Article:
Journal: Tuesday 18 January 2010
Today had been set aside for Abydos, but last night we decided to postpone the trip until we were both feeling more lively. This morning however, Sam and I were both much better and over our early morning coffee on the roof terrace, with the tenth pylon tantalisingly close, we could feel Karnak Temple beckoning to us.
Knowing what Karnak is like in the mornings when a sea of coaches descends on the car park and thousands of tourists cram into the temple, we waited until late morning to set off, Sam driving the car the short journey to get there. Sam has already seen all the changes over the last couple of years, but I hardly recognised the place as we pulled into a new parking area to the south of the temple. Here a new bazaar with stalls selling everything a tourist could want and much that they don’t need, lined the walkway towards the temple. The entrance is now through a new modern visitor’s centre where an impressive wooden model of the temples is set up in the middle of the huge hall. To one side, rows of seating offer a place for visitors to sit and watch a video of the history of Karnak before going in and around the walls there are many old excavation photographs and history boards. I have to say the authorities have done a good job here. We bought our tickets – now 65 EL – fended off a few local guides and set off across a sea of landscaped concrete paving towards the row of ram-headed sphinxes at the entrance.
The area that used to be the old coach and caleche park is now an empty space from the temple all the way down to the river – much as it would have been in ancient times. The only thing I felt missing was the canal that would have once been there. In front of the temple a lot of clearance work has been done and the ancient quay, or tribune, has been uncovered. It would have been from here that the statue of Amun on his sacred barque was taken to Luxor Temple for the Opet festival by the river route. In other periods of history the god travelled by land down a route lined with the sphinxes which are currently being exposed right through Luxor.
After going through security I looked towards the first pylon and could not believe how many people there were in the entrance. Even though we had left it until mid-day when it usually quietens down, I have never seen the temple so busy in all the years I have been coming here. Fortunately the thousands of people were all coming out, but I didn’t see how we would ever be able to get into the temple.
Pushing against the crowd, Sam and I went straight to the fourth pylon where we wanted to have a look at some reliefs Sam had been reading about and we walked around the area of the fourth, fifth and sixth pylons in front of the Sanctuary of Alexander. Last time I was at Karnak, much of this area was closed off for restoration, so it was good to spend some time re-visiting the Tuthmose III and Hatshepsut monuments here. At some point Sam and I lost track of each other, so I went off to have a look at the rooms on the northern side of the Middle Kingdom court which had also previously been locked up. Today nobody stopped me, so my camera was working overtime. These rooms carved with reliefs of Tuthmose III, contain some very interesting scenes, particularly those depicting the hippopotamus hunt.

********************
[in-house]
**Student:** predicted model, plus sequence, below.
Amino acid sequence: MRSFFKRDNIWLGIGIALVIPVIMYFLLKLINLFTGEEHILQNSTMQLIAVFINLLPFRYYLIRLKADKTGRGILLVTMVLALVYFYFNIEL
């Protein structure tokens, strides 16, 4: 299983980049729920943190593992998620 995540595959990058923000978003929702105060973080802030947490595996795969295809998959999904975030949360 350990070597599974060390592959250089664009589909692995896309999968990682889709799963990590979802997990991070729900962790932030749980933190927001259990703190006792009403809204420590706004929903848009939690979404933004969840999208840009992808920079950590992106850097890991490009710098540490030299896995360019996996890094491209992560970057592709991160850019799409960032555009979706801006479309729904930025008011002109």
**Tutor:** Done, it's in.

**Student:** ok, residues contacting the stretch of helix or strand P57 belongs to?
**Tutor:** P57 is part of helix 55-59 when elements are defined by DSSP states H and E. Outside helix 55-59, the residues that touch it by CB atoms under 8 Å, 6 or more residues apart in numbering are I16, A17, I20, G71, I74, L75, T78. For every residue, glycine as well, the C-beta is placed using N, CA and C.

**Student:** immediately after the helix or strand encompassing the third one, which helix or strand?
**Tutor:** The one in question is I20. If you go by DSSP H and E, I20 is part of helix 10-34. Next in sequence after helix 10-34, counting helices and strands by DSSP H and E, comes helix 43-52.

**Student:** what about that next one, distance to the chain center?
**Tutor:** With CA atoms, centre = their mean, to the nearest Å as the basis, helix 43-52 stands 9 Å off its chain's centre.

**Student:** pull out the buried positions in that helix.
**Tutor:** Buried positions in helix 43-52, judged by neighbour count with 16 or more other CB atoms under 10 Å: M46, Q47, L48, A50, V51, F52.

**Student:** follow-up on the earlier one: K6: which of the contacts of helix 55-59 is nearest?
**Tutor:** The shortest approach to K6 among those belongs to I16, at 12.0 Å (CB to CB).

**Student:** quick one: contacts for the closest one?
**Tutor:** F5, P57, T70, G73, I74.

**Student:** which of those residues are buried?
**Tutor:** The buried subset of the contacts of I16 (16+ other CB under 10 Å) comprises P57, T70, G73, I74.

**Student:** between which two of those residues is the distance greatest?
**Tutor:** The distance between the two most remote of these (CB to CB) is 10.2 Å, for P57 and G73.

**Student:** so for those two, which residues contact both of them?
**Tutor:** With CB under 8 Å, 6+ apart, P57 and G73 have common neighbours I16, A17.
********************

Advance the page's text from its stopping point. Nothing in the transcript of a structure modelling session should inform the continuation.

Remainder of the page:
I went on into the Akh-Menu, the festival temple of Tuthmose III. At least there were no changes here. By now Karnak was much quieter and I saw only a few visitors in these parts. After a look at the ‘botanical reliefs’ which are among my favourites, I went over the wall to the back of Karnak. I was hoping a guard would be around to let me into the little temple of Osiris Heka-djet and was amazed and delighted to find the gate open and nobody in sight. I spent a long time systematically photographing the walls of this little chapel built during Dynasties XXIII to XXV. Here the Divine Adoratrix Shepenwepet and Amenirdis are depicted before the deities in many interesting and often unusual reliefs.
I lost track of the time as I picked my way carefully though the prickly camel thorn at the northern edges of Karnak, looking at the remains of each of the tiny buildings I found and trying to work out what they were. Walking back through the Temple of Amun about 15 minutes before closing time I realized that this area was again very crowded and people were still coming in. I wondered how people thought they could see Karnak in the quarter of an hour before closing. I had lost Sam hours ago, but she was waiting at the car when I got back to the car park, having given up the battle with the crowds a while ago.
We hadn’t really eaten much over the past couple of days, so in the evening Sam and I treated ourselves to another great meal at Maxim’s and later still went to the Horus coffee shop in the bazaar. We had intended to walk the couple of kilometers home to the Villa Mut, but as it was midnight by then, a friend insisted on giving us a lift and wouldn’t take no for an answer.